The legalization of marijuana for medicinal purposes has become an increasingly controversial topic, with many different issues on which people have many different opinions. There is opposition to the legalization of marijuana for medicinal purposes because it has the potential to be used incorrectly, however it is also considered that there is the potential for marijuana to be used in relieving the suffering of many seriously ill patients. Marijuana has been used by people for thousands of years to provide relief from many different serious medical problems. There are many doctors who currently support the effectiveness of using marijuana as treatment for various medical conditions. The many people who are suffering from cancer, multiple sclerosis, and AIDS have found that marijuana can be a very effective pain and symptom reliever.Order now
The legalization of marijuana for medicinal purposes is viewed by its opposers as one of the worst things that we could do. Their reasons are that they feel that marijuana should not be legalized for medical use because it is an illegal substance and until that is changed, prescribing it is against the law. “Attorney General Janet Reno announced that physicians in any state who prescribe the drug could lose the privilege of writing prescriptions, be excluded from medicare and Medicaid reimbursements, and even be prosecuted for a federal crime” (Kassier 1). Government officials such as Janet Reno are not the only ones to object to the legalization of marijuana. Many parents groups like Mothers Against Drunk Drivers object to the legalization of marijuana for medical uses. Their objections come from a reasonable concern that there has been an increase in the use of marijuana by youth.
Their concern is expanded since the marijuana of today is much more potent than the marijuana of a few decades ago. The potential for these teens to obtain the drug would increase. Also, the Federal Health and Drug enforcement officials feel that by legalizing marijuana, they would be sending the wrong message to young people (“Your Health” 1). Strong evidence that shows that regular use of marijuana for long periods of time could cause severe lung damage (“Your Health” 3). If the use of marijuana could damage a patient’s lungs, then the risk could outweigh the benefit. Marijuana smoke can be twice as toxic as tobacco smoke to a human lung.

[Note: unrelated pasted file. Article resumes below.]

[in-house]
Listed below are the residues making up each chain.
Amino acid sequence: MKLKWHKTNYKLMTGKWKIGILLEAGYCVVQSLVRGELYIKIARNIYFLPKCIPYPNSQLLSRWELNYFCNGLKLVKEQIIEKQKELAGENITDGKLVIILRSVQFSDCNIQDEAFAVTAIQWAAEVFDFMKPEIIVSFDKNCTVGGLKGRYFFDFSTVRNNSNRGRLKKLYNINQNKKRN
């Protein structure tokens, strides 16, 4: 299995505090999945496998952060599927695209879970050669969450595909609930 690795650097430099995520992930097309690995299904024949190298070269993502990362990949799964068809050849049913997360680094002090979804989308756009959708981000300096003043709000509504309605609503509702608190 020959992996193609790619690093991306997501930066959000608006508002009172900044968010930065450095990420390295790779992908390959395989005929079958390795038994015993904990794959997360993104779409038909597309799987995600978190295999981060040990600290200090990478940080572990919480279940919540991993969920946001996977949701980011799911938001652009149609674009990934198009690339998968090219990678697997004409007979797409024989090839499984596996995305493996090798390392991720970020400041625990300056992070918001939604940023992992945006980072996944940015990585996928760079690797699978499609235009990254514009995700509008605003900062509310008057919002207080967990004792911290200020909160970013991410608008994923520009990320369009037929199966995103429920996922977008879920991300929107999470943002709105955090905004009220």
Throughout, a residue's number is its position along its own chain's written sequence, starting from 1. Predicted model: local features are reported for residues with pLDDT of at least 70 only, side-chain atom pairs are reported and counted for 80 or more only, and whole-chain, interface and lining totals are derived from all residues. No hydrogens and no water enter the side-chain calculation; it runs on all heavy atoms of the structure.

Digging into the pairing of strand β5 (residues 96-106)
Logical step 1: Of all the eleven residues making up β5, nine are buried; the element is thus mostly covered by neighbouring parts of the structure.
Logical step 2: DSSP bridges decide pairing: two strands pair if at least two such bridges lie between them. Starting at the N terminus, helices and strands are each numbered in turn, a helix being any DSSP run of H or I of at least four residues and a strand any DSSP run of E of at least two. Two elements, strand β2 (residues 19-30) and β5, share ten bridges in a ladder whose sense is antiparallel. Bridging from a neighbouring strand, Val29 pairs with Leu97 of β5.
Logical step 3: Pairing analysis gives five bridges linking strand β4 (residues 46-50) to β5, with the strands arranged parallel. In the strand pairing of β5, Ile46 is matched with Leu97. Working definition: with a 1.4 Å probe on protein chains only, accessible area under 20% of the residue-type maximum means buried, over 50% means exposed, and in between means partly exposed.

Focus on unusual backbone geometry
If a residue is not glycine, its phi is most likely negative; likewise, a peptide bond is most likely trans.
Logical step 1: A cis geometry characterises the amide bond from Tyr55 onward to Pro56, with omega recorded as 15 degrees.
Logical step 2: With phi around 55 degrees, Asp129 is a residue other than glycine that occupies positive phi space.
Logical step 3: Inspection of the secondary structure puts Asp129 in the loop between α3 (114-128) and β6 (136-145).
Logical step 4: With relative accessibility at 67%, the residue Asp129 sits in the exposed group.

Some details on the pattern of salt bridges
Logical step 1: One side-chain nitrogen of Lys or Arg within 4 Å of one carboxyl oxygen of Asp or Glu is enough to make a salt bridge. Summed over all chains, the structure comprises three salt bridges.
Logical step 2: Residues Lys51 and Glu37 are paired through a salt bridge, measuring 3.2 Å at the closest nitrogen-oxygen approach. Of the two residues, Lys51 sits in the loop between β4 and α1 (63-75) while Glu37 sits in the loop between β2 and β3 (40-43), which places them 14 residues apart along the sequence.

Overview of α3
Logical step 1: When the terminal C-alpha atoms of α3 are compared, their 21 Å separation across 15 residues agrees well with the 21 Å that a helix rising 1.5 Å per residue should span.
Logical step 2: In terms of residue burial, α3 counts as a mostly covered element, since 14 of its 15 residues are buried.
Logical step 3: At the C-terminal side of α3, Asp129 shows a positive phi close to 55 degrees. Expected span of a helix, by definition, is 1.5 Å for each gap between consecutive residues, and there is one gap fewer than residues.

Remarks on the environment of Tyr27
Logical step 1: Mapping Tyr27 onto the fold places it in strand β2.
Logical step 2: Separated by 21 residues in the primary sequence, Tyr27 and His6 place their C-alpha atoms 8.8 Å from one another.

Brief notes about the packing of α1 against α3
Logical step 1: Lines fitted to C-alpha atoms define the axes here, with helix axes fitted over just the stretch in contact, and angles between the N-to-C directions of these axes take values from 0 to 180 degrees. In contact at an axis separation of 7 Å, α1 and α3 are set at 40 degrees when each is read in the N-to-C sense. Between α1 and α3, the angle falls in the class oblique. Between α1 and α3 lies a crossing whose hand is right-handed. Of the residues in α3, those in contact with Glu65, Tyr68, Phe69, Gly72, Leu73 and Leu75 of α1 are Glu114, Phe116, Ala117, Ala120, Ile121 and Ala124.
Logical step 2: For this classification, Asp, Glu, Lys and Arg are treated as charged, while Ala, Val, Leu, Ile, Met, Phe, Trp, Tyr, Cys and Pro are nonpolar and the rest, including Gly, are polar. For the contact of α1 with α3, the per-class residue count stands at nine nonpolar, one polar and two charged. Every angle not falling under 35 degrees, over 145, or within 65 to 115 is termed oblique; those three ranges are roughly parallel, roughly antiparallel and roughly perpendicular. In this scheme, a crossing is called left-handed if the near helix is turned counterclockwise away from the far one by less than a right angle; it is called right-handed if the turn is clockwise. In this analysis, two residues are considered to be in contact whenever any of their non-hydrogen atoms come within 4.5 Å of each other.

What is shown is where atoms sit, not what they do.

The strongest point that many make opposing the legalization of marijuana is that there just is no clear evidence that smoking marijuana can help an individual who is ill (“Marijuana for the Sick” 2). Countless amounts of research has been done but both sides have countered each other with facts and studies. What are the benefits and what are the clear cut negatives?
The concept of using marijuana for medical use is nothing new. Marijuana is one of the oldest drugs known to man, the use of it has been documented as far back as 2700 B.C. in a Chinese manuscript.
The Chinese would injest or inhale the Marijuana and feel pain relief for headaches and small aches and pains (“Marijuana” 1). The Chinese spread the concept over time, and while it never began a popular drug in most other societies, it still existed and was a common pain reliever. In 1839, a respected member of the Royal Academy of Science, Dr. W. B. O’Shaugnessy, was one of the first in the medical profession, who presented positive facts dealing with marijuana and medicine (History in Brief 3).
His work helped open up the medical world to marijuna’s medical usees. The drug itself was not used as a popular recreational drug at the time and for this reason few saw a problem with using it for medical purposes. From 1840 to 1900, more than one hundred articles by American and European medical journals were published that showed the therapeutic uses of marijuana (Bakalar 2). Marijuana was recommended to stimulate appetites, and relax muscles, so if marijuana was effective in treating those ailments during this time period. Its defenders point out that the drug was praised by the patients and doctors alike. In 1988, Judge Francis Young, an examiner on administrative issues for the Drug Enforcement Agency, recommended that marijuana be reclassified for medical .